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Hoffmann, R. A wiki for the life sciences where authorship matters. Nature Genetics (2008)

Preferential consumption of heparin cofactor II in disseminated intravascular coagulation associated with acute promyelocytic leukemia.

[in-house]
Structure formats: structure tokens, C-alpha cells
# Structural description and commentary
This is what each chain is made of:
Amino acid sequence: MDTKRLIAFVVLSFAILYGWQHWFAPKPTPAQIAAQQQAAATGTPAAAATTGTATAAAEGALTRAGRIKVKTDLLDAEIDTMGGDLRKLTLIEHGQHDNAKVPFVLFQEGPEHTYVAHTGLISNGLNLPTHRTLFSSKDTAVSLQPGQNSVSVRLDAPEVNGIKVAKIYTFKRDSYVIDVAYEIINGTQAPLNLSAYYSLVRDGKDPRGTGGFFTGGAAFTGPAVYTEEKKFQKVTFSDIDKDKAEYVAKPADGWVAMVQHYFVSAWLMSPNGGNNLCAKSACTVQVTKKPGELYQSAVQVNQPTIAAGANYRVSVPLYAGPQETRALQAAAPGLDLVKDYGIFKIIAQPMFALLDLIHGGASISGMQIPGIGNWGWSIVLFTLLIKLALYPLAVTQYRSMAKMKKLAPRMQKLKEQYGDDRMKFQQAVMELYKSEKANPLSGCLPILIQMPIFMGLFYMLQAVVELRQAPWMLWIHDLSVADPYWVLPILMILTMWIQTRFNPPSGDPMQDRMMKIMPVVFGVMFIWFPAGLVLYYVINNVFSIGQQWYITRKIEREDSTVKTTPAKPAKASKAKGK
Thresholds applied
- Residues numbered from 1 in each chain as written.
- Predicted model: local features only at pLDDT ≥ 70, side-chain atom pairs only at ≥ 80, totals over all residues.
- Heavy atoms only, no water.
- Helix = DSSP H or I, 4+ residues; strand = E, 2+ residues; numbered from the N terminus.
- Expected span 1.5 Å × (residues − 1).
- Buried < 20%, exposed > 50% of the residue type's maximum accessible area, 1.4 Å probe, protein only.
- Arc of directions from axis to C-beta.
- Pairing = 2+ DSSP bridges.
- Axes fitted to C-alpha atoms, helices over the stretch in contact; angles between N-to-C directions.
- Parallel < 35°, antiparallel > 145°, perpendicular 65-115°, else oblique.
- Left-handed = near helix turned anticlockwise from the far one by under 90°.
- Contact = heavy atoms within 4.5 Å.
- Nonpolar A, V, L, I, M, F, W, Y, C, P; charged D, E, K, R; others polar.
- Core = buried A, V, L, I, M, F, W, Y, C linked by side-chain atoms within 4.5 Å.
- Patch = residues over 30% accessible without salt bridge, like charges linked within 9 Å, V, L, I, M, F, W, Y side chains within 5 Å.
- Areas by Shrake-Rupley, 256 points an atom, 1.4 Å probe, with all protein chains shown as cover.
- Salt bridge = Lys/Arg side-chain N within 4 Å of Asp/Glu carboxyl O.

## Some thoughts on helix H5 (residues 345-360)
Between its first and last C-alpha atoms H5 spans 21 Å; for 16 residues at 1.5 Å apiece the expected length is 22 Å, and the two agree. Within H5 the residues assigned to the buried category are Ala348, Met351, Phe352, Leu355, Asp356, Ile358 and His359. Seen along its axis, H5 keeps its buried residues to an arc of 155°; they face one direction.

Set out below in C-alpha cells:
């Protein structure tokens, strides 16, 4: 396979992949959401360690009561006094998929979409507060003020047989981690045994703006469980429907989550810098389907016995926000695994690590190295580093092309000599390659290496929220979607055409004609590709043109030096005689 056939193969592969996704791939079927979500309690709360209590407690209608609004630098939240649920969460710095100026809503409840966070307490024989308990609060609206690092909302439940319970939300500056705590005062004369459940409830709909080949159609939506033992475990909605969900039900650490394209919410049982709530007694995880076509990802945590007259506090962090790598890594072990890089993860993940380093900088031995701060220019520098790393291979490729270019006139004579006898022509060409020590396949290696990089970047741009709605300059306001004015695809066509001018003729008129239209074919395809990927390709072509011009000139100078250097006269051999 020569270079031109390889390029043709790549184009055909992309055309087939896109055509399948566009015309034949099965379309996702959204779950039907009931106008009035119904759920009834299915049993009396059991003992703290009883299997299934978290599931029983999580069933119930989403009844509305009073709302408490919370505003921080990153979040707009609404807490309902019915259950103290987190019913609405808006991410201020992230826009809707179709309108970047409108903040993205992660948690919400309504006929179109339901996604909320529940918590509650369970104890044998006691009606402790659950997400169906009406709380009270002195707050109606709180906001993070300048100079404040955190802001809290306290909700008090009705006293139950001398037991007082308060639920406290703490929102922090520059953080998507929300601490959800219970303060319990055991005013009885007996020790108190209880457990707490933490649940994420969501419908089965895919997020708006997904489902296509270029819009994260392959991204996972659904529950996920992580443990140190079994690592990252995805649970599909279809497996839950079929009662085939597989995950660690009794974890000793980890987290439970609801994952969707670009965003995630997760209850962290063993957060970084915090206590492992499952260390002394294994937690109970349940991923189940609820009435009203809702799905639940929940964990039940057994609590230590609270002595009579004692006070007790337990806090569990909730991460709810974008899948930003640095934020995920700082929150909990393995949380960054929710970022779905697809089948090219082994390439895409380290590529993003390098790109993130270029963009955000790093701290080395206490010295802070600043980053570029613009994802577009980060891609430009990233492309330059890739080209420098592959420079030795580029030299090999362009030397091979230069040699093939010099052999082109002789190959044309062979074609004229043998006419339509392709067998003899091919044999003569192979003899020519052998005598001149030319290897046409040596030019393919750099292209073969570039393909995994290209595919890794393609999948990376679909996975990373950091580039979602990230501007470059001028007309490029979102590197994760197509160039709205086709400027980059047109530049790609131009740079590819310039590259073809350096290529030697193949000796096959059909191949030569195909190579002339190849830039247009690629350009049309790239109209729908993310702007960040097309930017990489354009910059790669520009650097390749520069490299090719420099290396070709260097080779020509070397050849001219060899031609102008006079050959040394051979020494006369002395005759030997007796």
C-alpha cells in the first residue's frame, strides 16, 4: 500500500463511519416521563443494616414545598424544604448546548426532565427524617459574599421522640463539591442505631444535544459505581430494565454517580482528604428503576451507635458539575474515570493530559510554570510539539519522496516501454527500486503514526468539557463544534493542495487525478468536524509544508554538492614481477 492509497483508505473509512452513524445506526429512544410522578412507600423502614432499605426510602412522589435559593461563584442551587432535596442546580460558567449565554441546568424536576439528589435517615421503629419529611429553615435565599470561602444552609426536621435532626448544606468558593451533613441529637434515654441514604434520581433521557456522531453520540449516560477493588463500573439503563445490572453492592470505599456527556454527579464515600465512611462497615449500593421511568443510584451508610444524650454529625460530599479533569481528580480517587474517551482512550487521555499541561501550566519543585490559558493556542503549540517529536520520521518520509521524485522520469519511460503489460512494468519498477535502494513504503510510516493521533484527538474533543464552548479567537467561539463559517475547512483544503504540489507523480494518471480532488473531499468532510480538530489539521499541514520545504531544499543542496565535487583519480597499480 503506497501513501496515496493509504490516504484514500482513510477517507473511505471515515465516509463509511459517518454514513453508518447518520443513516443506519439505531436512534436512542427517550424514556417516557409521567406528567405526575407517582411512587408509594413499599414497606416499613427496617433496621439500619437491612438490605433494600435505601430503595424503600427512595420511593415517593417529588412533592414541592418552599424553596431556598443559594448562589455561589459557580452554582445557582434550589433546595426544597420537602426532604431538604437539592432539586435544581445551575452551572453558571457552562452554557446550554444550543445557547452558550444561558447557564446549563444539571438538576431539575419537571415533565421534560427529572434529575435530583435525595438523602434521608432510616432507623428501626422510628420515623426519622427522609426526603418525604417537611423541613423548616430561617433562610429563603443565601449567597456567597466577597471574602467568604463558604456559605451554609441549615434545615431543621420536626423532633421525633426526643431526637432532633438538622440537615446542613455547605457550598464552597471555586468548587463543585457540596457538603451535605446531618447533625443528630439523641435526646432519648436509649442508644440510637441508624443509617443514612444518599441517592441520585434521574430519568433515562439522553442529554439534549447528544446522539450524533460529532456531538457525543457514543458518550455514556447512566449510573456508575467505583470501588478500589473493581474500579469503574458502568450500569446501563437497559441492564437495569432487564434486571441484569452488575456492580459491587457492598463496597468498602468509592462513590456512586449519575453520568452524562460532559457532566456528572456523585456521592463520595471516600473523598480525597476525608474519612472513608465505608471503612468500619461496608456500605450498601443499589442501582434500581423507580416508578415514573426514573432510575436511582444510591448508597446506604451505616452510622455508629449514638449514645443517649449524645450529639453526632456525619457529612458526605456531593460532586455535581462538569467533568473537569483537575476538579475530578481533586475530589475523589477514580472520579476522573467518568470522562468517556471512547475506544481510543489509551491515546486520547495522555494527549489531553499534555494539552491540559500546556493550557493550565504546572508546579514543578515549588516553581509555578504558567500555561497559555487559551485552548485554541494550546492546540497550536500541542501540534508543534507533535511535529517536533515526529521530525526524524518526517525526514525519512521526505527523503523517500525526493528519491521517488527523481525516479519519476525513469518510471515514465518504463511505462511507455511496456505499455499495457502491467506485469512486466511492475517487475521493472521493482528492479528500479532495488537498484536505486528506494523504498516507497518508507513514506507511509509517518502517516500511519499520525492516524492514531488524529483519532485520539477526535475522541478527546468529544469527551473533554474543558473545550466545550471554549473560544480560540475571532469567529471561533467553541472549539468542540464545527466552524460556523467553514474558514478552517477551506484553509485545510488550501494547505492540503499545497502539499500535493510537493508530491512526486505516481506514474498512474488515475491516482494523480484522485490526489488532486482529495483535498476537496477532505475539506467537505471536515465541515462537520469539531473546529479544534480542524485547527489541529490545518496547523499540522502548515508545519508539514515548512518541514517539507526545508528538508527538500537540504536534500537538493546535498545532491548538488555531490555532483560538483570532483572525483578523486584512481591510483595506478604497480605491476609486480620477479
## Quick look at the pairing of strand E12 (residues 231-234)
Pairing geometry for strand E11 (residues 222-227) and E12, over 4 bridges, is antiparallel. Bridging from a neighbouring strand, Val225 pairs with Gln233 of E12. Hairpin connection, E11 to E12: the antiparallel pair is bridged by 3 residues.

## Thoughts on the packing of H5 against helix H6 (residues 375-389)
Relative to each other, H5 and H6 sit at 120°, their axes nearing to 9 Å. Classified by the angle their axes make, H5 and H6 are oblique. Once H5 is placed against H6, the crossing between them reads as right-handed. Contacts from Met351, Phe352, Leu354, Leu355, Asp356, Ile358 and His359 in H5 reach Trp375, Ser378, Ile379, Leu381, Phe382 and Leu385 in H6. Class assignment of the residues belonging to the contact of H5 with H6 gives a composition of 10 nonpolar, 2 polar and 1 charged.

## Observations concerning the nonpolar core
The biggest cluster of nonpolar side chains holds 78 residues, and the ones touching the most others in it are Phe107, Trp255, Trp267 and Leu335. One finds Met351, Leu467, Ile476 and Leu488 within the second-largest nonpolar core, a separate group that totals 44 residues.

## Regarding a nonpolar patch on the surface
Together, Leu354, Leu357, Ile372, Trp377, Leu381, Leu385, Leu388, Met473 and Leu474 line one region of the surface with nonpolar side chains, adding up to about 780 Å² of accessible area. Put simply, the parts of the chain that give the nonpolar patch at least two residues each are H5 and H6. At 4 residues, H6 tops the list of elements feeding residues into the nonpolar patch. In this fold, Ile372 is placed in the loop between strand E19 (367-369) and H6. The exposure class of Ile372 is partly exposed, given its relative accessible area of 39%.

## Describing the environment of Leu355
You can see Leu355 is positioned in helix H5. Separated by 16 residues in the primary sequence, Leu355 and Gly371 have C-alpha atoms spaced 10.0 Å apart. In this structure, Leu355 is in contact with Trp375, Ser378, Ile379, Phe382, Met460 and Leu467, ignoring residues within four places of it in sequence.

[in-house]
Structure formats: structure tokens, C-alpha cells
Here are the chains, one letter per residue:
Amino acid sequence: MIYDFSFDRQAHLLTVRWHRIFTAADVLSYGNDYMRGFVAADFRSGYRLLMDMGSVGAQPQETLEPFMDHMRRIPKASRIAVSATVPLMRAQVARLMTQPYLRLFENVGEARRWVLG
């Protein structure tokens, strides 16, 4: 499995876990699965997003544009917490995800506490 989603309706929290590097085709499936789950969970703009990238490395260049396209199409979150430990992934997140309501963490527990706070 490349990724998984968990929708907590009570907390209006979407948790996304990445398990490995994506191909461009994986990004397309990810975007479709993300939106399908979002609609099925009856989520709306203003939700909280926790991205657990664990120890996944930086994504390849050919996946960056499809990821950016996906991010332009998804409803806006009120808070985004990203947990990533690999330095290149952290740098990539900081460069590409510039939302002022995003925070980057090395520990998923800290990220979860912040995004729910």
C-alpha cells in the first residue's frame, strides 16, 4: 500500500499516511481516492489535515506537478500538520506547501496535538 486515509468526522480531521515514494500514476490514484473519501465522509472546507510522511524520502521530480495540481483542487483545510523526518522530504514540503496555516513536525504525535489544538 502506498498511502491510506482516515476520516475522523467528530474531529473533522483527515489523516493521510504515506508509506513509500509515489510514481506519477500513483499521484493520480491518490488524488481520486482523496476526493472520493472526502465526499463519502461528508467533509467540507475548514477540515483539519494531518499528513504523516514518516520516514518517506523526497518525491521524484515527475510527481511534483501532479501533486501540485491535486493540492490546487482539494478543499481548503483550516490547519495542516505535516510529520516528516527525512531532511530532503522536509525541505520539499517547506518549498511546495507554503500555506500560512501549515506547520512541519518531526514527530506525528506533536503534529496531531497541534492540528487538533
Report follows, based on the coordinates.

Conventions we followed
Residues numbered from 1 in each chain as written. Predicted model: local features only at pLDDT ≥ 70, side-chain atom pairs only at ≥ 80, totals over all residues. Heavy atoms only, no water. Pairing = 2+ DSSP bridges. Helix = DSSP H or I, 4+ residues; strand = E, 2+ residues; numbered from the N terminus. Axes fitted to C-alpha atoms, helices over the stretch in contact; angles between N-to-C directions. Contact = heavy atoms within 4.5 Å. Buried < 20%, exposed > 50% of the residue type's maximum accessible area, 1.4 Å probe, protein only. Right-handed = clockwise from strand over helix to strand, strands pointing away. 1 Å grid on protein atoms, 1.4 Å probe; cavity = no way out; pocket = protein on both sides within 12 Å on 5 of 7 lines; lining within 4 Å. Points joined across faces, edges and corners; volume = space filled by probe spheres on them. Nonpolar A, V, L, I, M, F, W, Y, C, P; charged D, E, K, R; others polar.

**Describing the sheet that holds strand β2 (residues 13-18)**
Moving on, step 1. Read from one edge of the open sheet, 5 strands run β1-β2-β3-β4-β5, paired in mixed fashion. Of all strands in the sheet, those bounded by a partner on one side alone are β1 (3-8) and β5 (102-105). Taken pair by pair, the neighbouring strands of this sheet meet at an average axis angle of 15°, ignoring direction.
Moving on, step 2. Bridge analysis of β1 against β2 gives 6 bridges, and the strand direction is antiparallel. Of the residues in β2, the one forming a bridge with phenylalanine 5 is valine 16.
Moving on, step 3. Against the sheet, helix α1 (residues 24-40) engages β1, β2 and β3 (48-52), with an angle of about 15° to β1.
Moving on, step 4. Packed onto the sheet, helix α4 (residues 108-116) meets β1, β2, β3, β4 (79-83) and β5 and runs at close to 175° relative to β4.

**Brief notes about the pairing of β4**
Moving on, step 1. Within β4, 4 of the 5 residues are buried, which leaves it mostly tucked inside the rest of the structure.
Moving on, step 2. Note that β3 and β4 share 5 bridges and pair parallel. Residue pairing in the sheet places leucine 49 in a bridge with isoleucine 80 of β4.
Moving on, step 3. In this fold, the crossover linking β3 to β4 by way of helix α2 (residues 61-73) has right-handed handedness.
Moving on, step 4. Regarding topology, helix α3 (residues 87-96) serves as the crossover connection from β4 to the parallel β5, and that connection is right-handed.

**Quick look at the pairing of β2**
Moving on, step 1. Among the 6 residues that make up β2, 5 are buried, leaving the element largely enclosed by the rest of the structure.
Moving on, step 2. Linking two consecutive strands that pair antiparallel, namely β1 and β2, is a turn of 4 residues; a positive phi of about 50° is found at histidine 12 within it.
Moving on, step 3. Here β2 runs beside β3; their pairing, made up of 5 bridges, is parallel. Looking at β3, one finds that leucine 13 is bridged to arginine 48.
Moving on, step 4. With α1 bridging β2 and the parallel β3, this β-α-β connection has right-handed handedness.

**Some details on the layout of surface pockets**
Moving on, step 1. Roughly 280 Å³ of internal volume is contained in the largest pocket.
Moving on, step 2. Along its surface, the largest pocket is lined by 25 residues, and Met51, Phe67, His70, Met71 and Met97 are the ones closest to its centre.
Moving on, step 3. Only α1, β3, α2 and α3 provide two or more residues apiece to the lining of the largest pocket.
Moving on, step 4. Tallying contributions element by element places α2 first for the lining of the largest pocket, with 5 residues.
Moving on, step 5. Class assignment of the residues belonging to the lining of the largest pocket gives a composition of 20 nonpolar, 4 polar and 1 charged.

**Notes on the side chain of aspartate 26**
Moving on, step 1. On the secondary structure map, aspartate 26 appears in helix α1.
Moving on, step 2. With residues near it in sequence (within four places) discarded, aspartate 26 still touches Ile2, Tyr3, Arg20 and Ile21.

We measured plasma heparin cofactor II (HC II) activity in patients with disseminated intravascular coagulation (DIC) due to various underlying diseases together with the levels of antithrombin III (AT III), pseudocholinesterase (a marker of hepatic synthesis), and various haemostatic molecular markers. Both HC II and AT III were decreased in DIC secondary to all the underlying diseases studied, except acute promyelocytic leukemia (APL), when compared with healthy subjects. The lowest HC II and AT III levels was observed in coagulopathy secondary to liver disease, the HC II level in sepsis was the second lowest. In DIC due to APL, the decrease in HC II was not accompanied by a decrease in AT III. Thus, we divided all 124 samples tested into APL and non-APL groups. The HC II level correlated positively with fibrinogen and plasminogen in both the APL and non-APL groups. In the APL group, the HC II level had a significant negative correlation with the thrombin-AT III complex ( TAT), fibrinogen/fibrin degradation products, and D-dimer levels as well as the prothrombin time, while AT III showed no correlations with any of the haemostatic parameters. These results suggest that HC II may be consumed preferentially by thrombin in APL patients with DIC, and thus may spare the consumption of AT III. Accordingly, HC II seems to be a superior indicator of DIC than AT III in APL patients. Moreover, replacement therapy with HC II instead of AT III may be useful to treat DIC associated with APL. In the non-APL group, the HC II levels were positively correlated with the levels of AT III and pseudocholinesterase activity. This indicates that plasma HC II levels are closely related not only to consumption coagulopathy but also to hepatic synthetic activity, as is the case for plasma AT III.[1]


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